A step too far 30.06
On leaving the guest house to walk, I decided to put my thumb out. Walking to the lake would be two miles and walking beside it to the falls as far again. Road and lakeside walk to the sea. Easy. I thought it was time to see how hitching might work. If I got a lift, fine but if not it didn’t matter as there is no dark.
The third car along picked me up. Magic. The window wound down and I expressed surprise to see Dyoni, one of my walk in visitors that morning. I climbed in, knowing that his mother, Marion, was a friend of my host. Dyoni couldn’t acknowledge me or engage in chatter about our random John Lennon conversation this morning but had told his mother all about it. Beautiful connections. Turns out she is the vicar in Vestmannaeyjar, only one of the best birding places in the islands! Magical moments like this make workaway experiences a treasure!
Except that because we have a connection through her aspergers son, she decides there is a prettier way for me to walk. We proceed to take turn after turn, past Faroese ponies that are ‘smaller and tougher’ than Icelandic ponies, past many sheep, now grazing high summer pastures, depositing me at a gatepost above the town rather than at the bottom edge of the lake. Yes, I can see the path I should follow but my careful and safely researched route has gone. I’m sure it’ll be fine and I love the stories you told, but I have no maps and no idea where I am right now.
Then there’s that moment I recognise. That moment of dawning when I know I’ve gone too far. The expectation, daring and excitement build, I often note but disregard, warnings in my head and then the moment arrives. Too far to go back now, the only way is down.
As I turn to descend, I see the top of the mountain opposite now shrouded in cloud. I remember the words from guests just two days ago, (their guide host needed gps to descend safely) and i expect fog to come down at any moment, leaving me lost out on the tops with no one knowing where I am.
Beneath me I can see my original destination, the waterfall, but I am high above it with vertical drops to navigate. When I left the path an hour or so ago, I thought about this scenario but just wanted to see the top first. I had turned a corner and unexpectedly found myself looking out over a sheer cliff edge. I remembered reading it was here that the Vikings threw their slaves, when they were no longer useful. The sudden and surprising view and connection drew me on, made me go higher, stopped me taking the marked, safe, worn, route to the falls.
This lake is above sea level and offers beautiful waterfalls as it reaches the sea. It also offers the best swimming opportunity I have. I just need a bike now!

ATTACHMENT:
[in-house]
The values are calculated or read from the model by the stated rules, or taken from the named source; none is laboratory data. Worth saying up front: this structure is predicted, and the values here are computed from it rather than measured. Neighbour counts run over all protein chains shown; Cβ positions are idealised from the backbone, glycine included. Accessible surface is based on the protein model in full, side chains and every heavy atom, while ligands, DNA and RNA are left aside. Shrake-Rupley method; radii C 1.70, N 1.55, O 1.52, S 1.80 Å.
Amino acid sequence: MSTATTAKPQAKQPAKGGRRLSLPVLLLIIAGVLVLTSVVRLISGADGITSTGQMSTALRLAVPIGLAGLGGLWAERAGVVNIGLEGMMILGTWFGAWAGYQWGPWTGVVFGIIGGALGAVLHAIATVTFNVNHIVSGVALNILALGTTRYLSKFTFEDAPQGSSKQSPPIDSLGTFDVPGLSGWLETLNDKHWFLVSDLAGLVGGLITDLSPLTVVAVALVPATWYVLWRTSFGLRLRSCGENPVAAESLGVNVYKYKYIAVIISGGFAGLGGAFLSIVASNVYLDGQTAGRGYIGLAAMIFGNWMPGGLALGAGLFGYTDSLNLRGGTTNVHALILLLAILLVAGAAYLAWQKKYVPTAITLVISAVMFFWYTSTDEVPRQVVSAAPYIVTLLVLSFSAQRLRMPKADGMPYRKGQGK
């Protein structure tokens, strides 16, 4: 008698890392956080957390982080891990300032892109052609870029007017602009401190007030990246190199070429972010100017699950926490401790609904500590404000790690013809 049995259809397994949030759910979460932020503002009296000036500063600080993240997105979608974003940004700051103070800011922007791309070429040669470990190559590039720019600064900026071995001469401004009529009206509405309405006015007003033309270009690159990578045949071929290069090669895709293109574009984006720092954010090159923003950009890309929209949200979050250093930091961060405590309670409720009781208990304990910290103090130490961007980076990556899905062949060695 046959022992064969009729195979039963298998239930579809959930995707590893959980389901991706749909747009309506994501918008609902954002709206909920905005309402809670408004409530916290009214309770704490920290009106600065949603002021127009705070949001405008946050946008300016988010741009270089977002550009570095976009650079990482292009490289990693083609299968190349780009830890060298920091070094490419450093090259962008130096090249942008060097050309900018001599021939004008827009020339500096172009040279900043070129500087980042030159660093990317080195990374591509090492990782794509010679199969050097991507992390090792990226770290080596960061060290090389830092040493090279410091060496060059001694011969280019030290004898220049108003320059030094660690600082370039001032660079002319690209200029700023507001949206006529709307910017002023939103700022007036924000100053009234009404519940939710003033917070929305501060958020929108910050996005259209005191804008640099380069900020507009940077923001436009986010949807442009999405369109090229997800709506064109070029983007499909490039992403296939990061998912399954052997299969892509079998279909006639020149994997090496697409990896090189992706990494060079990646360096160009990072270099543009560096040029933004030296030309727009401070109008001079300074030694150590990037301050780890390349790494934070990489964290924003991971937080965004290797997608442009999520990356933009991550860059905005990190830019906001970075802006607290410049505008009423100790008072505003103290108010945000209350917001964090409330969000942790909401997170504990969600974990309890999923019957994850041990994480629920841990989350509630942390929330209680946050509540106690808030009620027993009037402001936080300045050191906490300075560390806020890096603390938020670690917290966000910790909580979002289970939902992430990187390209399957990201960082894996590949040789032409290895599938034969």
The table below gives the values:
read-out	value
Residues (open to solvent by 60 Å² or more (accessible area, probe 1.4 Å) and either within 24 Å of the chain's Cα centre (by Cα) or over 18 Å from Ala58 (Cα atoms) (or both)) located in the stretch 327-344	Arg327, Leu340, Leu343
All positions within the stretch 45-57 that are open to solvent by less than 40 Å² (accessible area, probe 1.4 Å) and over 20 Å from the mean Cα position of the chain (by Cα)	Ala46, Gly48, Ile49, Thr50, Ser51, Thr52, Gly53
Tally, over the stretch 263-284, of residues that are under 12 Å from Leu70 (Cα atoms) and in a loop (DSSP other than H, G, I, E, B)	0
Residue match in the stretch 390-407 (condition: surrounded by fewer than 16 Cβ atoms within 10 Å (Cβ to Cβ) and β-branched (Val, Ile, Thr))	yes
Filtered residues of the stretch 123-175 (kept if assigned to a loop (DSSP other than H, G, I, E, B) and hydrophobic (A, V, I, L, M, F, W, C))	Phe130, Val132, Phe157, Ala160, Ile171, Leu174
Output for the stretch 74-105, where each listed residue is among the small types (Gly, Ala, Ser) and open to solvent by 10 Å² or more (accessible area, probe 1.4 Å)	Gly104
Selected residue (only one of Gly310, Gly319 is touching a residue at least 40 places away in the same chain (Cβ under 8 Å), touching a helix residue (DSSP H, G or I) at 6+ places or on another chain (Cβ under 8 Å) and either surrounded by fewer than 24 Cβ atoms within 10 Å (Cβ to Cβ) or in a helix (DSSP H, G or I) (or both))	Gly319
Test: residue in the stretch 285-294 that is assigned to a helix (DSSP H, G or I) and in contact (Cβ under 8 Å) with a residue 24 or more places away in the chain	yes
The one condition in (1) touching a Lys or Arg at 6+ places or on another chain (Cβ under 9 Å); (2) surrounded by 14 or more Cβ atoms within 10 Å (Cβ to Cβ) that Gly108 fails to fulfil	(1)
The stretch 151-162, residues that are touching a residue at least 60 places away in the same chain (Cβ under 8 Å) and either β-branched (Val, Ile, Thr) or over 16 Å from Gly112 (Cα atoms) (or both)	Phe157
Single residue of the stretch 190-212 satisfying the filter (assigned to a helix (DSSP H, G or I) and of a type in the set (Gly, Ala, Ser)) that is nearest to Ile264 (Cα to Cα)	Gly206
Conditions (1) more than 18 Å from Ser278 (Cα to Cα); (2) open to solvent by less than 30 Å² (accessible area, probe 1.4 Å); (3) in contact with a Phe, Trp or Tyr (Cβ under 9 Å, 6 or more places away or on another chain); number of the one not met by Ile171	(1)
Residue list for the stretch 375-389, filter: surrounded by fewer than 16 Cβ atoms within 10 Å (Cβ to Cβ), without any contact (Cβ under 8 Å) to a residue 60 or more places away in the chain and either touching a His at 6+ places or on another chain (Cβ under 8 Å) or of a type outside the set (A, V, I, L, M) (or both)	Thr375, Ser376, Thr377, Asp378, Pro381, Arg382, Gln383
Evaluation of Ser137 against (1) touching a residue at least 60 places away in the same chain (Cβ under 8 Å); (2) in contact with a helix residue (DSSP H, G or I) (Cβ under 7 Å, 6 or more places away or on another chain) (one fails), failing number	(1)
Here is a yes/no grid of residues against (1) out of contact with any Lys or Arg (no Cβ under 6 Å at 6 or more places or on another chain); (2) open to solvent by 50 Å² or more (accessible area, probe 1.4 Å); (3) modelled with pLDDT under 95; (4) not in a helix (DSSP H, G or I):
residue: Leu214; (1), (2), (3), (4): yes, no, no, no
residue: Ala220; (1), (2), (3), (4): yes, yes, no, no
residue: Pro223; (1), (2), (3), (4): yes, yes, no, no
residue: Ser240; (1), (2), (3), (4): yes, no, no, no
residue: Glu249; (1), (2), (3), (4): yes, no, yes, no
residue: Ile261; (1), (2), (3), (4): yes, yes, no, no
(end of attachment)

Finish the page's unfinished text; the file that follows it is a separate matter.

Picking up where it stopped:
The turning point. Excited by stumbling upon this view I just had to keep walking up instead of down to the falls.
Birds nesting on the tiniest ledges.
I ended up at the top of this. I had to find a way, firstly down this section, then two more like it. My knees were not happy but I buckled my backpack tightly and very inelegantly sat down and edged my way slowly over ledges.
The falls turned out to be non descript when I got there and I am pleased to have had a bit of a mini scary adventure on the way. Well, two adventures really, birds had also frightened me whirling, peeping and crying as I disturbed their territory. I was dive bombed by a whimbrel despite being on the path and surely, dear bird, you didn’t make your nest right beside the path did you? I hear the sound of David Attenborough in my head and can hear him narrating as the birds warble and cry. I need to rewatch those episodes.
Six pm and the sun is strong. Two hours here, two hours back. I look into the next few weeks and decide I must find a way to get to the west of the island so I can sit all night and watch the sun. Other backpackers might be good for that. This afternoon I have begun to love my near surroundings, to see the beauty here, to find balance. I leave my writing and head back ‘home’
Helpfully, hippo bags of granite chippings, dropped by helicopter ready to improve the path, serve to keep me right on track, no straying. I watch a pair of hawks or harriers circling not far away, they seem privately engaged with each other and unperturbed. Kerthunk! A silent attack from behind has brushed my glasses from my head. I’m terrified! And very very alone.
I grab my glasses, pocket them, berghaus hood goes up and I walk faster but am ready for the next attack! I don’t know bird psychology but my gut instinct is to counter attack. I watch and thrust my arms in the air when the bird closes in, emitting a loud guttural ‘chaaarrrrr’. I’m frightened but continue as best I can to get out of their territory, fending off at least six other dive bombs but missing another that came from behind! I slipped once, but threw my arms anyway and shouted, albeit on one knee, too afraid to be seen having fallen. I stood stiffly but at the same time as aggressing against them i was sorry to distress them by being in their territory.
After that a pair of oyster catchers had a go and then another group of whimbrells. A pair of small grey flitty birds peeped loudly and even this now frightened me. It was though seven pm was time to attack. I couldn’t get on to the tarmac fast enough!